We Think It Might Be Back

May 29, 2020 4 min read

We Think It Might Be Back

In the first of his Short Reads series on our blog, writer Jonathan Bean asked the question "Why do you shave?" I know why I do, I simply prefer to be 'clean shaven' – 'occasionally stubbly' – but have never grown a beard. I just don't like them. In the 90's most men didn't either! When I founded King of Shaves in 1993, about 90% of men were clean shaven (wore suits and ties, went to work, holidayed once a year).

But, times have changed, not least the amount of men choosing not to shave. And when you own a brand called King of Shaves – and a lot of men aren't shaving... 40%? 50%? That could present an existential threat!

"Bring Back The Shave!"

When you're 27 years into owning a brand with A) your surname in it and B) it's a descriptor of what it does – how do you keep it relevant, current, future facing – and more importantly, how do you get men to fall in love with shaving again?

Indeed, I'm CONSTANTLY asked the questions below by the team at King of Shaves:

  • "What's our WHY?" 
  • "Why don't more people buy us?"
  • "How do we get more people to choose us instead of the competition?"
  • "Why do the people who buy us, stick with us?" 
  • "Are we relevant as a brand to young people today?"
  • "Are we relevant at all...?"

As a brand, founder, let me tell you, these questions vex me too. For the past 9 – is it 10 – weeks I've been largely at my home in London with my wife Tiger – just the two of us – and we've had a lot of time on our hands – wondering what the extent of Corona Virus will be on King of Shaves as we enter unlockdown around the world.

This Life, Then.

In 1993, looking back, founding King of Shaves as a 'challenger brand' to the all dominant Gillette made perfect sense. Gillette was big, sold 'conventional' shaving products (in aerosol cans) and razors.  or many years, we were the David to their Goliath, creating shaving oils (!) and non-aerosol shaving gels (!!), creating market defining products (we were the first to launch a range of men's skincare products in mass retail). The market was growing, the tide was coming up, men were largely clean shaven – if you remember the BBC TV series 'This Life' – this was our target audience, and they grew up with us.

But that life was a LONG time ago. Men – young and old – started growing beards over 13 years ago – as the financial crisis ravaged the world, and Millennials started becoming of shaving age, but didn't choose to.

You'll have witnessed the slew of DTC (Direct To Consumer) shaving brands that have launched in the past 10 years – led by Dollar Shave, then Harry's, in the UK we have Cornerstone, Shavekit – and many, many more. Most, all of them have lost huge amounts of money (indeed, most still are losing huge amounts of money) in an attempt to directly connect with consumers. Intriguingly, many now offer a lot of products other than $1 razors, including ones for hair loss, erectile dysfunction, vitamins and more. I recently learned one has increased sales (slightly) and lost money (a lot more money).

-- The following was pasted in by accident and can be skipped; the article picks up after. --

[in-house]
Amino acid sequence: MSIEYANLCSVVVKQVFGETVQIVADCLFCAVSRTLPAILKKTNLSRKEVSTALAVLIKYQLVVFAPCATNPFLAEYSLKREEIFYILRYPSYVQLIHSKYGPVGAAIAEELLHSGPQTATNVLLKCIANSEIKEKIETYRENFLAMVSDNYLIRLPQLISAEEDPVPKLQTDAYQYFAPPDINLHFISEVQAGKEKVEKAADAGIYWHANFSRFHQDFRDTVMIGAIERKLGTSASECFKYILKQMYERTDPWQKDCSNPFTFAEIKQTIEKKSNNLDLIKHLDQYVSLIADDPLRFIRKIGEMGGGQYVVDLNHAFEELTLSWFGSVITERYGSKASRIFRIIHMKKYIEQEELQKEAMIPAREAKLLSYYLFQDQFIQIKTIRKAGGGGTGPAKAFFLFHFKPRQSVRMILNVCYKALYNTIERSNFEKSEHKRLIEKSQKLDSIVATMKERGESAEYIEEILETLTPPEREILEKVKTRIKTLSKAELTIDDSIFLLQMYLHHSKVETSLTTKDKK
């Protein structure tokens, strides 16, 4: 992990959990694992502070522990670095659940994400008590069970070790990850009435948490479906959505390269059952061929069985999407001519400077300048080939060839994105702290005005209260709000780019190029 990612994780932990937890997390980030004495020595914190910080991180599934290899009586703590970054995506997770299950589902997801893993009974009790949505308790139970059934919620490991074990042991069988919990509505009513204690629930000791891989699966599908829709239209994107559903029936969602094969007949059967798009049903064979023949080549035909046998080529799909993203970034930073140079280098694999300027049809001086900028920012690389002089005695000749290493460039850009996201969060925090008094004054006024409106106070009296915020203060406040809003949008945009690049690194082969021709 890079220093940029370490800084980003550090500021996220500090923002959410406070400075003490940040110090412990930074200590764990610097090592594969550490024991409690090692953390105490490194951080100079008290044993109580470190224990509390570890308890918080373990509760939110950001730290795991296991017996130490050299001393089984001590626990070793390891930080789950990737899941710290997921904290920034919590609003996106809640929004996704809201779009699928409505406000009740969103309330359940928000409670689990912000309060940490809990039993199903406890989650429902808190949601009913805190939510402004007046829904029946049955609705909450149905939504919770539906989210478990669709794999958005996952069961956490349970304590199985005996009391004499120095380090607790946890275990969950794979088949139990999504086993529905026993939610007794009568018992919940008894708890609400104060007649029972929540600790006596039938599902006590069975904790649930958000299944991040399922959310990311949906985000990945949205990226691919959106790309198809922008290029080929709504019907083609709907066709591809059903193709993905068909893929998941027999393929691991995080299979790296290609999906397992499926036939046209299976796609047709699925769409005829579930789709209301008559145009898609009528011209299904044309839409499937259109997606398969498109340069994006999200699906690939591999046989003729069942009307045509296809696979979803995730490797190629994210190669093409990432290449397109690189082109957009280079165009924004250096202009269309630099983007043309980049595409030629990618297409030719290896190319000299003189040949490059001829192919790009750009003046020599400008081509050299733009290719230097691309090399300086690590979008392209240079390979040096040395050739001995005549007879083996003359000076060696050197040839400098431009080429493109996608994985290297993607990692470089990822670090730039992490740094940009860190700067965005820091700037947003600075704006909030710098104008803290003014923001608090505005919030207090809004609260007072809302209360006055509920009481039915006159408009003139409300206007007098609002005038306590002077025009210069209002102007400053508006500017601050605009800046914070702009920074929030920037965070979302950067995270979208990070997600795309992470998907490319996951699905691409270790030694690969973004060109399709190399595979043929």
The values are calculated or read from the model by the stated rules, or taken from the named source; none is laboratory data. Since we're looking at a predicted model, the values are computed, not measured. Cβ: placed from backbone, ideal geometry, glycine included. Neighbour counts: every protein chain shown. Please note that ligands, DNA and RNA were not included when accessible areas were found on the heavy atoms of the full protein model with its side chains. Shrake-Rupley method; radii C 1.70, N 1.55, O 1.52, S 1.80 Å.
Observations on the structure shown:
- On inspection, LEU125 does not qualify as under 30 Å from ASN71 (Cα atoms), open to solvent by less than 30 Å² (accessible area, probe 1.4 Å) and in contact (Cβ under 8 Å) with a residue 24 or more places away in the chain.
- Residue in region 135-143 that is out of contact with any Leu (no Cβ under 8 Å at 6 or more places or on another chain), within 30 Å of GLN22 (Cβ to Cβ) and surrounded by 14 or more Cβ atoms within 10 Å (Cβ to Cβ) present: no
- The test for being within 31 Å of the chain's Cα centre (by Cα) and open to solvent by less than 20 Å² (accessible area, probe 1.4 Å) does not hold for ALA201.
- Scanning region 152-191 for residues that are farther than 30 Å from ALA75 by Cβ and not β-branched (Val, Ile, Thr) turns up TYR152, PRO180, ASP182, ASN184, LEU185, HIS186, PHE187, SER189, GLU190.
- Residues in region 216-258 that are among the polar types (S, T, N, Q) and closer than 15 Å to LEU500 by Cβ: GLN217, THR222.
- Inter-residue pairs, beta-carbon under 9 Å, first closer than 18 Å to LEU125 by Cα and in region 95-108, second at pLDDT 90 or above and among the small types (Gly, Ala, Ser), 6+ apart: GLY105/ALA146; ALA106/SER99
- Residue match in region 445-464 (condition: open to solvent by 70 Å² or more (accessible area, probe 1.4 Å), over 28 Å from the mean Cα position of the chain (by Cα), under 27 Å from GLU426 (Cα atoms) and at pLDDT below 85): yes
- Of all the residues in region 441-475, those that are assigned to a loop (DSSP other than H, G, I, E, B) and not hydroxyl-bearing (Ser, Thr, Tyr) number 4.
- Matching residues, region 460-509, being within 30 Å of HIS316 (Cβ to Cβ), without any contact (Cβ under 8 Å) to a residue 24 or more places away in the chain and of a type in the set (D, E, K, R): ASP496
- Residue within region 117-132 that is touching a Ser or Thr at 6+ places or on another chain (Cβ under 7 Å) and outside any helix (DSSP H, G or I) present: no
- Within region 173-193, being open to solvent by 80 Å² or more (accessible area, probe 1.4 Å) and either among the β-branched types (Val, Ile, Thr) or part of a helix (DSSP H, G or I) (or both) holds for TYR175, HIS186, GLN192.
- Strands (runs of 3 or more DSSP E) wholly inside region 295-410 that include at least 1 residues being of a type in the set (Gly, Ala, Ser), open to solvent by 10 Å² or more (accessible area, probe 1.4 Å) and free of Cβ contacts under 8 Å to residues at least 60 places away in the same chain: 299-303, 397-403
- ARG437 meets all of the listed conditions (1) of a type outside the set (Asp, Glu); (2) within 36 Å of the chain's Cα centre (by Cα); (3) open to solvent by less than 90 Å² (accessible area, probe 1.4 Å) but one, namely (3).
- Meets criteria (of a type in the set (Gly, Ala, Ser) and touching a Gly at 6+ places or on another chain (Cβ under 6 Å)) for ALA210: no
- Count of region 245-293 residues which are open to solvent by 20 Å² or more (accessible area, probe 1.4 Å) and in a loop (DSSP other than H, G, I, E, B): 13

For a 'small' brand like this, clearly this is unsustainable, and not a direction of travel for us. But, if men aren't shaving again, what to do?

"We Think It Might Be Back"

Normal People has been a TV phenomenon in recent weeks, especially with younger people, watching on iPlayer (on-demand) as opposed to linear – and the male lead in it – Paul Mescal – is SHOCK, HORROR – clean shaven! A fact not missed in last week's One Minute Brief #BringBackTheShave, with one of the two joint winning ads "We Think It Might Be Back" by Trevor Ede (chosen by Tiger, not me I might add) now strongly resonates.

Maybe Paul will grow a beard, or a stubble in the future – now he's 'celebrity famous' – or maybe he'll stick with the clean shaven look? Either way, what I know is tens of millions of young people in the UK have seen, probably for the first time, a young, up and coming (and highly rated) actor, sans stubble. Indeed, recently on social media he was pictured (below) breaking the internet in the process.

As my creative director wife Tiger Savage often reminds me, trends start from a singularity; could this be the one that marks the fact that #TheShaveIsBack? If it is, the last weeks in lockdown will have been worth it.

PS. If anyone knows Paul (or Paul's agent) having read this, and thinks he might be up for a collab, put him in touch! We're on the lookout for a clean shaven 'Face of King of Shaves' in 2020, just as we were back in 2000...

Will


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